Therapy is No. 1. I started therapy a little over two years ago. I can't even tell you what I was out here doing before that. Just having that private sacred place to talk through anything has been life-changing. I am able to recognize certain patterns from my past and navigate through that better. I also want to mention the importance of being still. Stillness and not rushing myself has been really helpful for me. I am one of those people who needs time to process to respond how I need to in certain situations. The answer is always within yourself. You just need time to carve out all the noise.
"I am one of those people who needs time to process to respond how I need to in certain situations. The answer is always within yourself. You just need time to carve out all the noise."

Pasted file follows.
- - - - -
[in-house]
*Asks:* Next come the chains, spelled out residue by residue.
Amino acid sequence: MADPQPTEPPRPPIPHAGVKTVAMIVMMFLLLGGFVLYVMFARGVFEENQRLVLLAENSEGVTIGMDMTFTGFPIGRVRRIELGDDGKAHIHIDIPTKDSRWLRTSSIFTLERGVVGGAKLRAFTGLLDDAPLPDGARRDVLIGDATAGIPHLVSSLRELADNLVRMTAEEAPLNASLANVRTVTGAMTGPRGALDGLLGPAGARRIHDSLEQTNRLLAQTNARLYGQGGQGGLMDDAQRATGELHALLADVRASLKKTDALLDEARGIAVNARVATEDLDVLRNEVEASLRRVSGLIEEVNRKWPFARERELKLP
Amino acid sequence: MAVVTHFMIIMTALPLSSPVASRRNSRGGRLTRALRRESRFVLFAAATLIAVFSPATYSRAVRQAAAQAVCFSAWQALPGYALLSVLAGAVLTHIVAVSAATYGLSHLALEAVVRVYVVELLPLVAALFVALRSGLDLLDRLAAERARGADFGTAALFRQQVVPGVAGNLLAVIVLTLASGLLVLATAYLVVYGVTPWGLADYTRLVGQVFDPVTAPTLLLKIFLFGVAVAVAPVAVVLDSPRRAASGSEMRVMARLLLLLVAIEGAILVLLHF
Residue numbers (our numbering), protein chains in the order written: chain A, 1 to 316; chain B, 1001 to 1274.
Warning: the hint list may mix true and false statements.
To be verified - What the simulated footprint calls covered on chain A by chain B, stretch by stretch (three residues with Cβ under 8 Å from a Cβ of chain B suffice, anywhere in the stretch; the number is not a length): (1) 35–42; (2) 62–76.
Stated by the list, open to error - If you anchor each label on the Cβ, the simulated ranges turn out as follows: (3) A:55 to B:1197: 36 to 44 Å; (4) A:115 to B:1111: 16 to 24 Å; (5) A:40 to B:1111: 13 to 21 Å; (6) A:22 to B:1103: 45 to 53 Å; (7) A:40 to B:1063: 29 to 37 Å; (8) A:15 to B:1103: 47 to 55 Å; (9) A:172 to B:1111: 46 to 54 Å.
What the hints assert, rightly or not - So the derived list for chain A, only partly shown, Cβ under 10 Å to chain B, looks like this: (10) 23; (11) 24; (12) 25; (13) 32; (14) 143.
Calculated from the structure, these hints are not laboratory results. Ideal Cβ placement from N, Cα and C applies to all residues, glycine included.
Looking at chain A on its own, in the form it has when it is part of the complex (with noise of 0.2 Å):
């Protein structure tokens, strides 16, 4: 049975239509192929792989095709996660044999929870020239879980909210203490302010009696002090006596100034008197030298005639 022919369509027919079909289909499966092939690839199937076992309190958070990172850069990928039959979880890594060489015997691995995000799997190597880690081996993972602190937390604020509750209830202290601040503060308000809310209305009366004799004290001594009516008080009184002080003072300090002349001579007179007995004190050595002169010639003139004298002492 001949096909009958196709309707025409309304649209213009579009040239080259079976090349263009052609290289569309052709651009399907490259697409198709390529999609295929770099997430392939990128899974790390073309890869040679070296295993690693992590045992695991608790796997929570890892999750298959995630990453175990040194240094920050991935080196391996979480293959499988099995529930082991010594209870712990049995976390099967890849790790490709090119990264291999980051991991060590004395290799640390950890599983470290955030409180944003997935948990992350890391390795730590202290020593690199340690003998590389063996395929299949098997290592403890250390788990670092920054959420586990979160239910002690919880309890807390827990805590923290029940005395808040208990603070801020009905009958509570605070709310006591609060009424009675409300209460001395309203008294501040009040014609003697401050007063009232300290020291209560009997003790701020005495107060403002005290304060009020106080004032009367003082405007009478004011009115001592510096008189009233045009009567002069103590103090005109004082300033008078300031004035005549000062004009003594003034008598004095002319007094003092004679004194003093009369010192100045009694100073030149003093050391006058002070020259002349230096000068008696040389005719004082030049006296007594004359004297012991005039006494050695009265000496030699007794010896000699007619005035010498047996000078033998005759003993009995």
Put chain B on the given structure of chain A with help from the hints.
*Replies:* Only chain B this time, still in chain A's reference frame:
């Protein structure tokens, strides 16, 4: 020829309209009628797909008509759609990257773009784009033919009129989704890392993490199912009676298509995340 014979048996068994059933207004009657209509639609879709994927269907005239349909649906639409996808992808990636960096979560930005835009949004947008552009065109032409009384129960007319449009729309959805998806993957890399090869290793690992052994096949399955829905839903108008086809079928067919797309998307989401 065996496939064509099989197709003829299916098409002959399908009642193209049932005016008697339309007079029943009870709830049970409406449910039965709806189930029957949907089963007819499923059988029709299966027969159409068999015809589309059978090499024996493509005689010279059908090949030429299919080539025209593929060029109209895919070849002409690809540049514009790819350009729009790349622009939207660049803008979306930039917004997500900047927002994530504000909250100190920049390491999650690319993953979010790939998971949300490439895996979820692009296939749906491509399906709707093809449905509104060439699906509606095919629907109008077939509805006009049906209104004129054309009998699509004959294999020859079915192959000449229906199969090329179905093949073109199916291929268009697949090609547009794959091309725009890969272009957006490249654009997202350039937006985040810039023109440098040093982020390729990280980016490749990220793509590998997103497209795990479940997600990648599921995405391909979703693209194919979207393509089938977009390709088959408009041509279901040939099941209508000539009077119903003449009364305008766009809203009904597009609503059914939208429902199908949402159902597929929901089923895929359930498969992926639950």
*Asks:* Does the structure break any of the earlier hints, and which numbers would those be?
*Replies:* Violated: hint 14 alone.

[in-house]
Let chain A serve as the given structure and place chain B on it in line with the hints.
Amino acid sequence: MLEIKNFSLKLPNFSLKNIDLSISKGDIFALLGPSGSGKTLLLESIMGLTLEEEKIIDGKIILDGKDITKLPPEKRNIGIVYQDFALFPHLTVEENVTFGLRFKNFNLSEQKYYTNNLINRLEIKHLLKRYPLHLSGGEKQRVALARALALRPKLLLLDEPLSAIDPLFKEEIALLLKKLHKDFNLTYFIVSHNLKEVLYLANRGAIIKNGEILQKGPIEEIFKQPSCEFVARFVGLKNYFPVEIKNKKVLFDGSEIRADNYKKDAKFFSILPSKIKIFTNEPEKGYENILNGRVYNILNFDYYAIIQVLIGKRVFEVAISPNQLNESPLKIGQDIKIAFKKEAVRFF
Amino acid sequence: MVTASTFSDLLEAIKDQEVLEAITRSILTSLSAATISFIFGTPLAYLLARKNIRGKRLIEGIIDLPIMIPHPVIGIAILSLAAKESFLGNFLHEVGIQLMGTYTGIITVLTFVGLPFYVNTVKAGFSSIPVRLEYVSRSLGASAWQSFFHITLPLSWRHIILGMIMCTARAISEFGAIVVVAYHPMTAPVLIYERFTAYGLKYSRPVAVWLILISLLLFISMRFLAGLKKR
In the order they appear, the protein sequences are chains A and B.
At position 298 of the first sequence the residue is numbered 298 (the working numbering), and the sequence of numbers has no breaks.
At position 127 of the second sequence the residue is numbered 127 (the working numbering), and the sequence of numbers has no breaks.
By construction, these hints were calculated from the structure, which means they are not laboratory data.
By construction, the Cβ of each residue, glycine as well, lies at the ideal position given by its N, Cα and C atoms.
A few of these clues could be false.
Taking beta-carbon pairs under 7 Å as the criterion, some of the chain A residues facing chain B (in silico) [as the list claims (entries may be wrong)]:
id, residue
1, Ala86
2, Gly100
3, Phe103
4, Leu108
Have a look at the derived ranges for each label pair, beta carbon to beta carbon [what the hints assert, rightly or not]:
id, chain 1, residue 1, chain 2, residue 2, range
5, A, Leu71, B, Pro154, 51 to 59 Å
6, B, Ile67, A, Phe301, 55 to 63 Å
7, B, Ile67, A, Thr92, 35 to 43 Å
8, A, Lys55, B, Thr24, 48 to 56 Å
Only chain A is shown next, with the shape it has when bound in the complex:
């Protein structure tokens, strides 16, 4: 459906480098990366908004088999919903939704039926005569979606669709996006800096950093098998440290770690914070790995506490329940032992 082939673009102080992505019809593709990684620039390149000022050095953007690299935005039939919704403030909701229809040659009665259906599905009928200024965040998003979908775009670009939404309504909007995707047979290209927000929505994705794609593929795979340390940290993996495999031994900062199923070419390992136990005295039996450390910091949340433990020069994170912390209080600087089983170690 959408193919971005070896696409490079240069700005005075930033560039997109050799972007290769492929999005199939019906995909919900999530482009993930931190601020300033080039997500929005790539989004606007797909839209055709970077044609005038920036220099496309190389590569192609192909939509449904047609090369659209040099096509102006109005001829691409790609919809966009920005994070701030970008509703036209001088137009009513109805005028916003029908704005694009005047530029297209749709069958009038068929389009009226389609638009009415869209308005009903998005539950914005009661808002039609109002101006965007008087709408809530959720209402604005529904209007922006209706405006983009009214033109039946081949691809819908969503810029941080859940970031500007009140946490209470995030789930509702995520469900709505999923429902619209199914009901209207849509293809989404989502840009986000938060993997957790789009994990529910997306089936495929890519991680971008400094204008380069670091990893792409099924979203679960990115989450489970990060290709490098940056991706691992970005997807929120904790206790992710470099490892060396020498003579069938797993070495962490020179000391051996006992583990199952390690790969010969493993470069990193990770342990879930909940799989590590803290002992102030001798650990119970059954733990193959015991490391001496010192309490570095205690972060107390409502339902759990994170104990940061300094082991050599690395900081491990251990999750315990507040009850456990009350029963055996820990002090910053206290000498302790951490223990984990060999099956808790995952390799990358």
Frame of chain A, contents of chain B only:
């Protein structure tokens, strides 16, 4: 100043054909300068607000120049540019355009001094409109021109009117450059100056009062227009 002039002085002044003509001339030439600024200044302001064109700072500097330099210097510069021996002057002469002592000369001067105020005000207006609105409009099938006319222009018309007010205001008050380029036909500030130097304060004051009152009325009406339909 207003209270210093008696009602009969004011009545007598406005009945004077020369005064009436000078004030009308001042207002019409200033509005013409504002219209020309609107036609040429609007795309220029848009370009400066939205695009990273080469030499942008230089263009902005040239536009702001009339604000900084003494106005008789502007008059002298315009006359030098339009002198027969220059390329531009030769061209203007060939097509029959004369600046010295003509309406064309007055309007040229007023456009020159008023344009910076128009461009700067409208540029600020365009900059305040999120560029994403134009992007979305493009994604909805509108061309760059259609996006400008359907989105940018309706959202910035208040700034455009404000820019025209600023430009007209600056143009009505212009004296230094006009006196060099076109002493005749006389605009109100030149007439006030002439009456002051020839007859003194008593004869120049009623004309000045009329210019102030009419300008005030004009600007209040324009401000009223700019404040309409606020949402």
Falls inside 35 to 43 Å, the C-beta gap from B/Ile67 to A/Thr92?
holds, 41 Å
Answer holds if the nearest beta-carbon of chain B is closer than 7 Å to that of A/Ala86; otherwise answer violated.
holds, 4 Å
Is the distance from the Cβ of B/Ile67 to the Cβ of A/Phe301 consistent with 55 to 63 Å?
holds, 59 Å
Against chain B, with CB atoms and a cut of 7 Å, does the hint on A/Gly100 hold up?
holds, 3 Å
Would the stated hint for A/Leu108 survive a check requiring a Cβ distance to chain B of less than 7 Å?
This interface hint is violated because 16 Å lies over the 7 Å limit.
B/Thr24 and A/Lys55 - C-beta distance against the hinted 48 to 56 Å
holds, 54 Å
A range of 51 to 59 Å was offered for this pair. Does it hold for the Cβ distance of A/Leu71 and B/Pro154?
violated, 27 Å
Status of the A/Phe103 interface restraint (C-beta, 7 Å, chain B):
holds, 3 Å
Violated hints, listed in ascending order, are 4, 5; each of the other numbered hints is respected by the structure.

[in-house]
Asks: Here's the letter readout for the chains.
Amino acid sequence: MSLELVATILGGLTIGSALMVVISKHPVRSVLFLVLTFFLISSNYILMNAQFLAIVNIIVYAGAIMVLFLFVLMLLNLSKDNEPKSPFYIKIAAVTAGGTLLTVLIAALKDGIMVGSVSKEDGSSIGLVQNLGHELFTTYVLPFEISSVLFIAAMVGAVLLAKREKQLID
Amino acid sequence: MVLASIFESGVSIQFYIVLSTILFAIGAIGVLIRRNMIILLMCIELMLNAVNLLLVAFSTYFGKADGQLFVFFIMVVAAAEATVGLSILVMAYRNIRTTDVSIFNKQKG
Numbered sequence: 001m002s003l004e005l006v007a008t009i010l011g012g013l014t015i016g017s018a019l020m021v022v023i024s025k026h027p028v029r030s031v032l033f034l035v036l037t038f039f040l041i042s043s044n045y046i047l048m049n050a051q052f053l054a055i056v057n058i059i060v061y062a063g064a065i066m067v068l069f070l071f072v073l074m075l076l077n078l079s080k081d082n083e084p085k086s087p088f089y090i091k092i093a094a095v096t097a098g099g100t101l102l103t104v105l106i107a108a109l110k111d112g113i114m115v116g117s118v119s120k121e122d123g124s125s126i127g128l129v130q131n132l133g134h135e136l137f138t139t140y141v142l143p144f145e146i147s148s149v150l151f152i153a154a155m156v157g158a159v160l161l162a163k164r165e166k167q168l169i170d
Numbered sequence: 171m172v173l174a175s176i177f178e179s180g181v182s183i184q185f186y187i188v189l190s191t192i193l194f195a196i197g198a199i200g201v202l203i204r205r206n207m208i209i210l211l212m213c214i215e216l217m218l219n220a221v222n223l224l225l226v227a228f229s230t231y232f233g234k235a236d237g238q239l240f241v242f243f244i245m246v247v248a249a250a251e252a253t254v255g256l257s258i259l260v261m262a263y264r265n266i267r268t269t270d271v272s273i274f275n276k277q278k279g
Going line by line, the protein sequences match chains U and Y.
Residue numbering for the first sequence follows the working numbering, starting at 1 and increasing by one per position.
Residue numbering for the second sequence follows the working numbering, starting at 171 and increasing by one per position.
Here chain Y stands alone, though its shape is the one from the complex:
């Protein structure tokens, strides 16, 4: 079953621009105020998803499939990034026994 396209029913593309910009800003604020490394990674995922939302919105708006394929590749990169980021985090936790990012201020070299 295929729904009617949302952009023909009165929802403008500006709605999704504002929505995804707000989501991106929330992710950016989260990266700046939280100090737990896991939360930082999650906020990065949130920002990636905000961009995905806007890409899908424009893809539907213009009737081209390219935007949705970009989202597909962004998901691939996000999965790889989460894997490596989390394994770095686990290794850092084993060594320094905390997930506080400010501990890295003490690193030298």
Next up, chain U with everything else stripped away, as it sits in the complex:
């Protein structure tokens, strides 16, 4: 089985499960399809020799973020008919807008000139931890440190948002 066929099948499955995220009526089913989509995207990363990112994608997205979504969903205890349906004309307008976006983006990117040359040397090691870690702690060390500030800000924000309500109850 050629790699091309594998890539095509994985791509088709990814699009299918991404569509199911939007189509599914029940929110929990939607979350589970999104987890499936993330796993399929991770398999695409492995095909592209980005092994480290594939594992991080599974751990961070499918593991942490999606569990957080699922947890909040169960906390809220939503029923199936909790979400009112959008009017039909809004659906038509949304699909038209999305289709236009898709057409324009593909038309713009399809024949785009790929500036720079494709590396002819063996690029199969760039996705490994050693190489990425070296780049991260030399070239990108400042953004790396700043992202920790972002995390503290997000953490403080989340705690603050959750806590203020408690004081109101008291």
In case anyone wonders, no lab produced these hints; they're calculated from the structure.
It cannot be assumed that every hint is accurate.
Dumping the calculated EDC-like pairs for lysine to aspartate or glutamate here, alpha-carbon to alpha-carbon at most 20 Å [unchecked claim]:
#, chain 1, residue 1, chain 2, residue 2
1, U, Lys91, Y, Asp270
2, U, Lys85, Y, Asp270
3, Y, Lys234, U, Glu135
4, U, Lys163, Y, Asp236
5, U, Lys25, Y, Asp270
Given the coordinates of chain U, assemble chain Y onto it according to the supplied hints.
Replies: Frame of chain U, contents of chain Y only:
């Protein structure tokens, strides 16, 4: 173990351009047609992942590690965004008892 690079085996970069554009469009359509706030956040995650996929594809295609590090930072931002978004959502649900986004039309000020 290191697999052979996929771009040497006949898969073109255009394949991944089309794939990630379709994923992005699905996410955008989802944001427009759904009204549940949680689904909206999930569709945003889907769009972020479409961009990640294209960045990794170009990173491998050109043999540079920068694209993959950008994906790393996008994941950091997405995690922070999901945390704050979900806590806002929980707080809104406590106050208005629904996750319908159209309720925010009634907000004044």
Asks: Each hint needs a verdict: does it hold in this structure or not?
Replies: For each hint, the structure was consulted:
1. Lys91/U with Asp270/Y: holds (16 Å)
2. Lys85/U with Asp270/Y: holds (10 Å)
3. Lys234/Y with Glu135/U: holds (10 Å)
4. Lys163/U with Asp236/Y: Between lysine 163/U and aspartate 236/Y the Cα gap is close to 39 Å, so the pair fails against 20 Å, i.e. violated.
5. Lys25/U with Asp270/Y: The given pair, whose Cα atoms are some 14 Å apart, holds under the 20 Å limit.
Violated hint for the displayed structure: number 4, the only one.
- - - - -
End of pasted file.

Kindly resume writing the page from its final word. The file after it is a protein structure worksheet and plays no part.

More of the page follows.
And honestly, what does success mean to you? What does happiness mean to you?
Well, in some ways, right now success and happiness go hand in hand, definitely more than they did before. Success and happiness both feel like liberation, and to me, that feels like peace. Happiness doesn't necessarily mean joy. Happiness means peace and knowing that everything is in divine order. Success is when you are living your most authentic liberated life as best as you can with the resources that you have.
I envision myself in a meditative position and, [although] there is a tornado or a bunch of moving pieces around me, I am seated on the ground and still. That is what success and happiness looks like to me. To know that no matter what is going on around me, internally, I am at peace.
For more of Zuri Adele, follow her on Instagram here.
Featured image courtesy of Rikers Brothers